Helen Slater, Managing Director, Strata Communications
When it comes down to it, reputation is everything. So often, it’s a crisis that derails an organisation’s reputation. Sometimes, their reputation could be shaky beforehand and one issue becomes just one issue too many and escalates. Other times, a crisis hits like a bolt of lightning, fast and damaging.
Companies and their comms people put high stock in reputation yet too often, we get tied up in the everyday business of communications, and crisis preparedness is on the ‘to do’ list at some time, “if we can only get the whole management team together at one time, in one place, for more than an hour.”
A crucial part of crisis preparedness comes well before the training sessions, the desk-top exercises, or the media training. The first step is reputation risk assessment – what happens if …
Communications professionals know that often it’s management decisions (or lack of) leading to certain actions or inaction that initiates then exacerbates a crisis. We also know that how we communicate and respond can influence the outcome. When we’ve set the scene well beforehand with reputation risk assessment, reviewed every month at the board and management tables, the level of awareness will be higher, the commitment stronger, to appropriate training and preparedness.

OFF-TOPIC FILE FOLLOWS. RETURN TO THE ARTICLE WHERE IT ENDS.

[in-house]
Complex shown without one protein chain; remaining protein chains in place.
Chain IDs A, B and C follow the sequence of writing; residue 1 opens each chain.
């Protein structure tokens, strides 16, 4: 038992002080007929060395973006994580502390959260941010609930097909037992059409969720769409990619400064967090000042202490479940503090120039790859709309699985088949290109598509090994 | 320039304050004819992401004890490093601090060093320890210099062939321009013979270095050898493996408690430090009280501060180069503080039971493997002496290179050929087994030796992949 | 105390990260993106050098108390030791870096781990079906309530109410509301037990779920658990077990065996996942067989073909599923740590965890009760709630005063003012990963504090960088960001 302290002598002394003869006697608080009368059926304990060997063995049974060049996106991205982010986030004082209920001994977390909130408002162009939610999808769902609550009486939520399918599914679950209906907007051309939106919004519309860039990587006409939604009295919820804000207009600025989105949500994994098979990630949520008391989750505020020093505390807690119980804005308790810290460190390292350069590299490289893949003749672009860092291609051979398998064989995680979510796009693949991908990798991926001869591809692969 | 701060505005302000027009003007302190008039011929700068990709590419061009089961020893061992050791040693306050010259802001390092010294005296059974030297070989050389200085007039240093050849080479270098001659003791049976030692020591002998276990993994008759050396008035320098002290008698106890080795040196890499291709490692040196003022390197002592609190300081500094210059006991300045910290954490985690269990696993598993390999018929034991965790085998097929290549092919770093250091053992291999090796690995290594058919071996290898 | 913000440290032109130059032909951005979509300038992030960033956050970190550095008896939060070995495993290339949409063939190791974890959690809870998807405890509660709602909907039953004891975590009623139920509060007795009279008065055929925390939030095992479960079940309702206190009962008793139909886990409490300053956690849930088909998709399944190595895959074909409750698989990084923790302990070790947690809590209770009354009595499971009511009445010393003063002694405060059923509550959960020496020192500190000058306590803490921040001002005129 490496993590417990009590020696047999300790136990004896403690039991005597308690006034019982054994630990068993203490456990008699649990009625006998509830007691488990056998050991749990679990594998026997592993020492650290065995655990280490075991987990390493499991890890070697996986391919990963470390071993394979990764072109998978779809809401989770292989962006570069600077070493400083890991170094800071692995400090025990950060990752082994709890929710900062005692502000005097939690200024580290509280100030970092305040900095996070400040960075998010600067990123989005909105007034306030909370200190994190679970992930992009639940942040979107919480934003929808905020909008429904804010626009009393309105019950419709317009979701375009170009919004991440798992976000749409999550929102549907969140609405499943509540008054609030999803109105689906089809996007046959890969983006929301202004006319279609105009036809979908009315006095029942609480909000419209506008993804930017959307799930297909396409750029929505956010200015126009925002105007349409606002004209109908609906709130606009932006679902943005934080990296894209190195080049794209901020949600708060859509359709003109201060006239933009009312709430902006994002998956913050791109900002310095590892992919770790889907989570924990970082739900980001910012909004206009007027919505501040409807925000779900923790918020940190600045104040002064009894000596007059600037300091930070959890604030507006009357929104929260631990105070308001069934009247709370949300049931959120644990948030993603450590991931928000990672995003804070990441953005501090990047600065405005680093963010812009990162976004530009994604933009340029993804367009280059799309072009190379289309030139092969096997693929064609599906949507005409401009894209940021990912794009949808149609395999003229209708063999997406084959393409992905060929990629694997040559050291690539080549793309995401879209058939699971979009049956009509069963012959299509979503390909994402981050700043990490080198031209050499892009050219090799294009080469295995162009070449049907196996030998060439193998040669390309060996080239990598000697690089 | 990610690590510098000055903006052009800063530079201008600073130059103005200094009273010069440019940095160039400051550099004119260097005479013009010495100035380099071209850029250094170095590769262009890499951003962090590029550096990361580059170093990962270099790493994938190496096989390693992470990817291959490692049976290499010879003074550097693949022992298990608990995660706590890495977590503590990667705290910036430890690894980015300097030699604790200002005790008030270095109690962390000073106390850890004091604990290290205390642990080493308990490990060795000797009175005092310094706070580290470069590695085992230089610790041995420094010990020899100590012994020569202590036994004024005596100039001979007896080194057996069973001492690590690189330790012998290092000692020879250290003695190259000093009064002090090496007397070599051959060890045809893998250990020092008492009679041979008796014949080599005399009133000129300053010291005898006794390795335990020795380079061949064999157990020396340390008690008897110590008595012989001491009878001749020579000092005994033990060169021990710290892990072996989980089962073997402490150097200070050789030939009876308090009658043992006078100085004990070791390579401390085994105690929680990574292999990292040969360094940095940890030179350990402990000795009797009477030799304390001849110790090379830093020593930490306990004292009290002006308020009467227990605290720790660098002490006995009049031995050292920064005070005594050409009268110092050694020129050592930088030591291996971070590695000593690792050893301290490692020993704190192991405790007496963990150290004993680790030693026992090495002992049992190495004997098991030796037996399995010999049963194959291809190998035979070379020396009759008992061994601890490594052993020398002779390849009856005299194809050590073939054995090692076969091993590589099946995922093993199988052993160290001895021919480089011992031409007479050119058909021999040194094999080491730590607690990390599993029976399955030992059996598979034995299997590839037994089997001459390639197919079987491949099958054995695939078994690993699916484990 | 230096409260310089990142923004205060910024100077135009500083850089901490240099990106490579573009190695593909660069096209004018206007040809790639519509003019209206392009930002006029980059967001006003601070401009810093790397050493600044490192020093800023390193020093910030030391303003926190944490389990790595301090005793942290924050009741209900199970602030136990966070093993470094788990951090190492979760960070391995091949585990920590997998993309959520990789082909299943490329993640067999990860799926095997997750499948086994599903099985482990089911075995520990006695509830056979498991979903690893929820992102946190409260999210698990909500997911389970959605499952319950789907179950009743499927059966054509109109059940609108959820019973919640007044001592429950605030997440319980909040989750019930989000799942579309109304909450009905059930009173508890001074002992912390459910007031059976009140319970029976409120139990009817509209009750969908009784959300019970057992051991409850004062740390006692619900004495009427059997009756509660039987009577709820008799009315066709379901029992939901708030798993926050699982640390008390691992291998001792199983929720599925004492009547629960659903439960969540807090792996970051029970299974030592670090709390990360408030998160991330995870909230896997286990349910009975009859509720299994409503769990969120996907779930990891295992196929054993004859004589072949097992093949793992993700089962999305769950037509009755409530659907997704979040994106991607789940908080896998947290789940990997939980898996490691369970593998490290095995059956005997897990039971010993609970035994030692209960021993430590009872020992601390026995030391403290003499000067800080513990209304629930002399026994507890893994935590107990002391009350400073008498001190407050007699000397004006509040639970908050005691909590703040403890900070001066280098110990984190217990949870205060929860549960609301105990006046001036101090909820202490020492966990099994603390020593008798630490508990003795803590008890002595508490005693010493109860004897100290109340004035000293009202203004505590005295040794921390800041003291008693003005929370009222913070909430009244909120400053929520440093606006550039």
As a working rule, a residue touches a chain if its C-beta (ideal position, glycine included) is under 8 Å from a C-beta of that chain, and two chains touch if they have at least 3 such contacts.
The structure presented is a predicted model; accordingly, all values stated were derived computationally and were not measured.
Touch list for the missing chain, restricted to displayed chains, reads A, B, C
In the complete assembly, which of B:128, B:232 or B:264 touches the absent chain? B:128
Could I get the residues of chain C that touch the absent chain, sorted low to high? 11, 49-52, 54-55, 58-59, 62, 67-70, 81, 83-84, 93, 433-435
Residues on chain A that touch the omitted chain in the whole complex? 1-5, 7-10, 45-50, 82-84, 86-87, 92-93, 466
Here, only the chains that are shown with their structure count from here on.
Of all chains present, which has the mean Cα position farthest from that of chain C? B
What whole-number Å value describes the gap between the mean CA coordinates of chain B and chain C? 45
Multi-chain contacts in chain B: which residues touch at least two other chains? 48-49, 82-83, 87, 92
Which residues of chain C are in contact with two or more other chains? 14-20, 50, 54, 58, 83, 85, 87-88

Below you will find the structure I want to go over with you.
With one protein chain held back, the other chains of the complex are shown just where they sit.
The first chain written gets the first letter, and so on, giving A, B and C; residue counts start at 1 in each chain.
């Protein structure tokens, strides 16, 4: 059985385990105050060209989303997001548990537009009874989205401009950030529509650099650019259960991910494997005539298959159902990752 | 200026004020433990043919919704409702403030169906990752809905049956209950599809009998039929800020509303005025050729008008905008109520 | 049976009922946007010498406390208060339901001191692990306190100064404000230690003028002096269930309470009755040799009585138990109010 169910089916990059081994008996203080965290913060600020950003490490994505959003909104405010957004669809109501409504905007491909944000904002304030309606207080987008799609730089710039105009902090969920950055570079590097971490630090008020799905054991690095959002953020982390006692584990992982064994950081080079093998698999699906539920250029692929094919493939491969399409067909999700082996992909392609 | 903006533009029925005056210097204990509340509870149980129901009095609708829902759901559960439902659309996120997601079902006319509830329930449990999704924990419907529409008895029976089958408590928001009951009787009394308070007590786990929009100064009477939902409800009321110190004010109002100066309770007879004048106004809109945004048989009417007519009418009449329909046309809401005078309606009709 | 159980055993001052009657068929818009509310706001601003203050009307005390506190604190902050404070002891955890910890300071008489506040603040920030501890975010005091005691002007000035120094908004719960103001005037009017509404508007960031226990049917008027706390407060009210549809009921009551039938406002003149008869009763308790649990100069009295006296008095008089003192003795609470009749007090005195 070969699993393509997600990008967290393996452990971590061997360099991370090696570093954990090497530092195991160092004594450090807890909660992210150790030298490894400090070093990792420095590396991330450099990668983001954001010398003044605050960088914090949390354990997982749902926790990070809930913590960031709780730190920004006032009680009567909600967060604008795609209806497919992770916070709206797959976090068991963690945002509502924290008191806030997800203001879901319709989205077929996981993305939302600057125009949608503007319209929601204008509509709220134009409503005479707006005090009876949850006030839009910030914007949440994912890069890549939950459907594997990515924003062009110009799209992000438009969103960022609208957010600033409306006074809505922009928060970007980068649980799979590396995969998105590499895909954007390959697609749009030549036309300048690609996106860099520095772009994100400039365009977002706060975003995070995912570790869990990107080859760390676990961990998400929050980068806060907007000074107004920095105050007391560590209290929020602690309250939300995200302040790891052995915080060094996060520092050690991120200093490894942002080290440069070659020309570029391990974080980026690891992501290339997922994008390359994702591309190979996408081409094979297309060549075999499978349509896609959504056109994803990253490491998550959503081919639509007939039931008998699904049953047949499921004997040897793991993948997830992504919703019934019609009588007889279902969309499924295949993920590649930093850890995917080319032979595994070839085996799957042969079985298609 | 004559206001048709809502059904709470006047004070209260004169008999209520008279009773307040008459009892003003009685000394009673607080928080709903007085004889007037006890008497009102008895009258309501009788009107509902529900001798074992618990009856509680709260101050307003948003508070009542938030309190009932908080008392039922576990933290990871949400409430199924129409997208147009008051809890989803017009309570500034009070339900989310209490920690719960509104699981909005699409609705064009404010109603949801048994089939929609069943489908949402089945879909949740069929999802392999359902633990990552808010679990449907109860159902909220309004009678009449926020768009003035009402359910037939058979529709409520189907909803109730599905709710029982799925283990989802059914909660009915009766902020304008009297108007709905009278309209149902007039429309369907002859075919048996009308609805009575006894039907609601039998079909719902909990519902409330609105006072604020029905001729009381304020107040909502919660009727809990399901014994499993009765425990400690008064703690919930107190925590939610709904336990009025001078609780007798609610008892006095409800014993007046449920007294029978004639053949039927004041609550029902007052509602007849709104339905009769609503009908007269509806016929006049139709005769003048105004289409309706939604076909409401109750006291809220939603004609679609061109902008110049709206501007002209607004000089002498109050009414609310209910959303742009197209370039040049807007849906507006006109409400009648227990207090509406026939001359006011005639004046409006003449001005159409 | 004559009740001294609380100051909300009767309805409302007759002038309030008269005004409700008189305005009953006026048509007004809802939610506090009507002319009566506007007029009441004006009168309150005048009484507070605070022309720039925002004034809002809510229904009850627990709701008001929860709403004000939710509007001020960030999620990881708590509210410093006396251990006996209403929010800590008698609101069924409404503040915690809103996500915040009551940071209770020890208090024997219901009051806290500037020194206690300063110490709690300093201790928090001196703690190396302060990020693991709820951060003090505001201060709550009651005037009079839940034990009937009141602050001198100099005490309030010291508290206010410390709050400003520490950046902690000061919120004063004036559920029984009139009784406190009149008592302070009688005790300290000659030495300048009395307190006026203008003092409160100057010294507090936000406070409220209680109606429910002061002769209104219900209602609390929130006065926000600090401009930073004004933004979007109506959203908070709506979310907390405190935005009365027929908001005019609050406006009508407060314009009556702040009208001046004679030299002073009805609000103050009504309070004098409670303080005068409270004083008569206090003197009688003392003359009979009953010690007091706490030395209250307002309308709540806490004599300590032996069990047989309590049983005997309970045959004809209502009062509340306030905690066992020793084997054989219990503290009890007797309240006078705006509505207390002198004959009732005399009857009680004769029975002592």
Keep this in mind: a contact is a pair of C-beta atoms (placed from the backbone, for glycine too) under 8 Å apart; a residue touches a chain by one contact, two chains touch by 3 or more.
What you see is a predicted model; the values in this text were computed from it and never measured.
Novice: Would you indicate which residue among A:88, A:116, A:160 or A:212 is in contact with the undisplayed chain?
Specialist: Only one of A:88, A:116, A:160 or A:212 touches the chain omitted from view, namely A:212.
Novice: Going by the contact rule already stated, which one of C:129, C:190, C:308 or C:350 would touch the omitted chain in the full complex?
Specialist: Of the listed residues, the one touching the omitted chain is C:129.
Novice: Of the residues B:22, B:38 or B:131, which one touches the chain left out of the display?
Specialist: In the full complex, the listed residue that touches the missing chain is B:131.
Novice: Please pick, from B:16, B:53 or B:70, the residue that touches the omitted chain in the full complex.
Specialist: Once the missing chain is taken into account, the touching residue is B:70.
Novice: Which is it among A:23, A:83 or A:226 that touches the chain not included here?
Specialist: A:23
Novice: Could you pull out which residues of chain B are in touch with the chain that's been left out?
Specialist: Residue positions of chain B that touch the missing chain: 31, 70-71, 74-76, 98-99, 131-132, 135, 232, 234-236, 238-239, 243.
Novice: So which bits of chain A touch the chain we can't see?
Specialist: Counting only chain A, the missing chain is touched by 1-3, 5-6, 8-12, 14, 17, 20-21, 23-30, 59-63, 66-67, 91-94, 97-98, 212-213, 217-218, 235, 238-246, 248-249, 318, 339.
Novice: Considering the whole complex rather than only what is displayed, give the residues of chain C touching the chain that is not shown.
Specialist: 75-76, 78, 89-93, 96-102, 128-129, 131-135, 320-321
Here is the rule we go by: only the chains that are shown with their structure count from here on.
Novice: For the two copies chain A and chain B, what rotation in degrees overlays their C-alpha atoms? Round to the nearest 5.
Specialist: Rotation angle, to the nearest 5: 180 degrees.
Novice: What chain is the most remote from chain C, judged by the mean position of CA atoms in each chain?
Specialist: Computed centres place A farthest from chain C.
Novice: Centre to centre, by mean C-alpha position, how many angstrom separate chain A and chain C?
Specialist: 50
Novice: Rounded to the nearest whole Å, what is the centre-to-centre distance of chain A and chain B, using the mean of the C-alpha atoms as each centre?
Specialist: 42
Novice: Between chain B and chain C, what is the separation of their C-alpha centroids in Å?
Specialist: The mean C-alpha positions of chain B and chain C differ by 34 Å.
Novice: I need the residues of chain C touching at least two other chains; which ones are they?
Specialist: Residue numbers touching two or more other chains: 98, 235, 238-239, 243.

The most high-profile crisis in New Zealand lately has been the Fonterra botulism scare. Many commentators have focused on the media training, some on the apparent lack of crisis training. These were contributory factors. But like all crises, there will have been much more that contributed than is apparent to us as external observers.
Were the communications professionals kept up to speed and involved in all decisions? And was their advice heeded?
Experience shows that too often, we as communicators are not brought in at the right time, and that because for so many organisations, a crisis happens to someone else, when it hits, the damage is extreme. Reputation is impacted – in the Fonterra case, not just for that organisation, but other New Zealand companies and the country as a whole.
When we regularly verbalise and quantify the risk of a crisis impacting our reputation and we put a $ value on that damage, I’m quite sure much more attention will be paid to crisis training, and to the role we as communicators have in managing crises and protecting reputation.
Attend Helen Slater’s upcoming course;
Crisis Communication in Action – Auckland – 6 November
9.30am – 4.30pm – register for the early bird before 7 October here